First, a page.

As much as I try on different personalities – Manhattan chic, REI tomboy, casually comfortable, overworked engineer – I find I am at peace with acknowledging I’m a girly-girl. I like high heels and skirts, ruffly things, purses and shoes, shiny sparklies, and cats (I do love my pups, though). But I don’t like pink. Or hearts. And, whether or not it comes with the territory, I am and will forever be my Daddy’s little girl. Although, come to think of it, maybe I’m just Daddy’s little-girl-all-grown-up.
I don’t know how it is for everyone, but there’s a difference in my relationship with my parents. Don’t get me wrong – I love them both and I’ve never felt anything less than love from either of them. But it is different. My mom is like my pal – we talk, on rare occasions we may butt heads, and we have fun together. But it all kind of comes with the territory. Moms are born to be proud of their kids; they know how to pick the smallest detail and talk you up like nobody’s business.
But when your Dad tells you he’s proud of you, you know you earned it and it means that much more in the end.
My whole life has this undercurrent running in the background; decisions are made (maybe not consciously) with the thought of “Would my parents be disappointed if I took this path?” So, maybe there’s this alternate universe where my 18-year old self ran off with some guy to travel the world and live a hippie lifestyle, only to return broke and in need of a bedroom. But in this world, I went to college, found a nice, stable job, and pay my bills. I maintain a savings account, invest in CDs (well, I used to when the rates were better), and virus-scan my computer. I learned to stand on my own two feet and then found a guy who is both sweet and practical enough to make both my parents happy. I don’t regret my life choices; how else would I have gotten to where I am today? But I would be lying if I didn’t tell you I’ve been influenced by my parents.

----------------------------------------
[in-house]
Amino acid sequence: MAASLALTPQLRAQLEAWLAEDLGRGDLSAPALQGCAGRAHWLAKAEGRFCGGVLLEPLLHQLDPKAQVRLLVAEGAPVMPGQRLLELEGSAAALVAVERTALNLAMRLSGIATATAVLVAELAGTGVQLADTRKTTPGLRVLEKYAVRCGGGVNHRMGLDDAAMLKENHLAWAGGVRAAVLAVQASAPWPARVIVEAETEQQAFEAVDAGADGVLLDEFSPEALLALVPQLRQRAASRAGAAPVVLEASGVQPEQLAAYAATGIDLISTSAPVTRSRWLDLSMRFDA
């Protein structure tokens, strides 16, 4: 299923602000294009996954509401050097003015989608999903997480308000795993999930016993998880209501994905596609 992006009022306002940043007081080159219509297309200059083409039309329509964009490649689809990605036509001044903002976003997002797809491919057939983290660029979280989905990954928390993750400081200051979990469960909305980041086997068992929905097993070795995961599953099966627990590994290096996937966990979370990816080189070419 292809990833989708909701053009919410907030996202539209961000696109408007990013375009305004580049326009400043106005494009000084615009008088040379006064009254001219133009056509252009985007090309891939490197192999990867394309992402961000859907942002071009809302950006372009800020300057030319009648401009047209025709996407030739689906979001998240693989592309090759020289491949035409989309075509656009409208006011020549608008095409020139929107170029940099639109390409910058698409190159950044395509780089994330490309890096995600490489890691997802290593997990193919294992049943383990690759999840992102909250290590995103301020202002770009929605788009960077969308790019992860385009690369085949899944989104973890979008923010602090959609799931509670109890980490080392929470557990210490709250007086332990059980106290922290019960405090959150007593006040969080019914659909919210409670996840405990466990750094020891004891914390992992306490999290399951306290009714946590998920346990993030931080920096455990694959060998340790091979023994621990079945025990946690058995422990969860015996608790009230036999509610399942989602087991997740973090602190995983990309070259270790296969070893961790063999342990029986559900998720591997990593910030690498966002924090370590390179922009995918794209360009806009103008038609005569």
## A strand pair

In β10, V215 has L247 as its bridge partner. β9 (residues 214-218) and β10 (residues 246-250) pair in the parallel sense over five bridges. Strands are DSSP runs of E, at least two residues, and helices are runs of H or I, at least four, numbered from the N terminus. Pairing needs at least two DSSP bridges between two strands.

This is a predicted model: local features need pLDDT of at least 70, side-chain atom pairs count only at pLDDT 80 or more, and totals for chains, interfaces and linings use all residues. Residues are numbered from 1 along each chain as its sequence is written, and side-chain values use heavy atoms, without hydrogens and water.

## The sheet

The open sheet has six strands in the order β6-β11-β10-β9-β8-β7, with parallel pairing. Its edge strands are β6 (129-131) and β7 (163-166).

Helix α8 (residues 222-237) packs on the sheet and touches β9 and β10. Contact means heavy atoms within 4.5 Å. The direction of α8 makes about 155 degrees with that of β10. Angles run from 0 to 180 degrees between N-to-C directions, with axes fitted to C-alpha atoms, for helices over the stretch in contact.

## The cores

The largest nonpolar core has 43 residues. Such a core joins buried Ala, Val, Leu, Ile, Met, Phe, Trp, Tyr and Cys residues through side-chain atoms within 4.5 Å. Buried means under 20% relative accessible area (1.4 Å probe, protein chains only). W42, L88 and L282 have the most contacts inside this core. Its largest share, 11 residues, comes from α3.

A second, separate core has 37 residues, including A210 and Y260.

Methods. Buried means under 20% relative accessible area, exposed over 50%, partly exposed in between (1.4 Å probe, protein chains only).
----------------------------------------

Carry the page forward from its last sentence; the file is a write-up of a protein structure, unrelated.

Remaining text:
Here’s a fun fact: did you know way back when I had a Novice ham radio license? My dad was totally into it, talking over the air waves to people all over the country, scanning difference frequencies, and dit-dit-ditting Morse code into the night. I thought it would be fun to have this hobby in common; we could talk to each other or discuss bandwaves or something. I tried to learn Morse code, I really did. But anything over 3 dot-dashes just got scrambled in my brain. However, I do know SOS, so if I get stranded somewhere I can signal for help.
My dad taught me to drive and semi-successfully how to parallel park (even after I killed the car battery with all my back-and-forth). He taught me how to ride a bicycle and how to retrieve change from under a vending machine with a yardstick. He set me up with e-mail when I went off to college and we would write letters to each other. He’s always been there for me.
And today is his birthday. Happy Birthday, Daddy. I love you.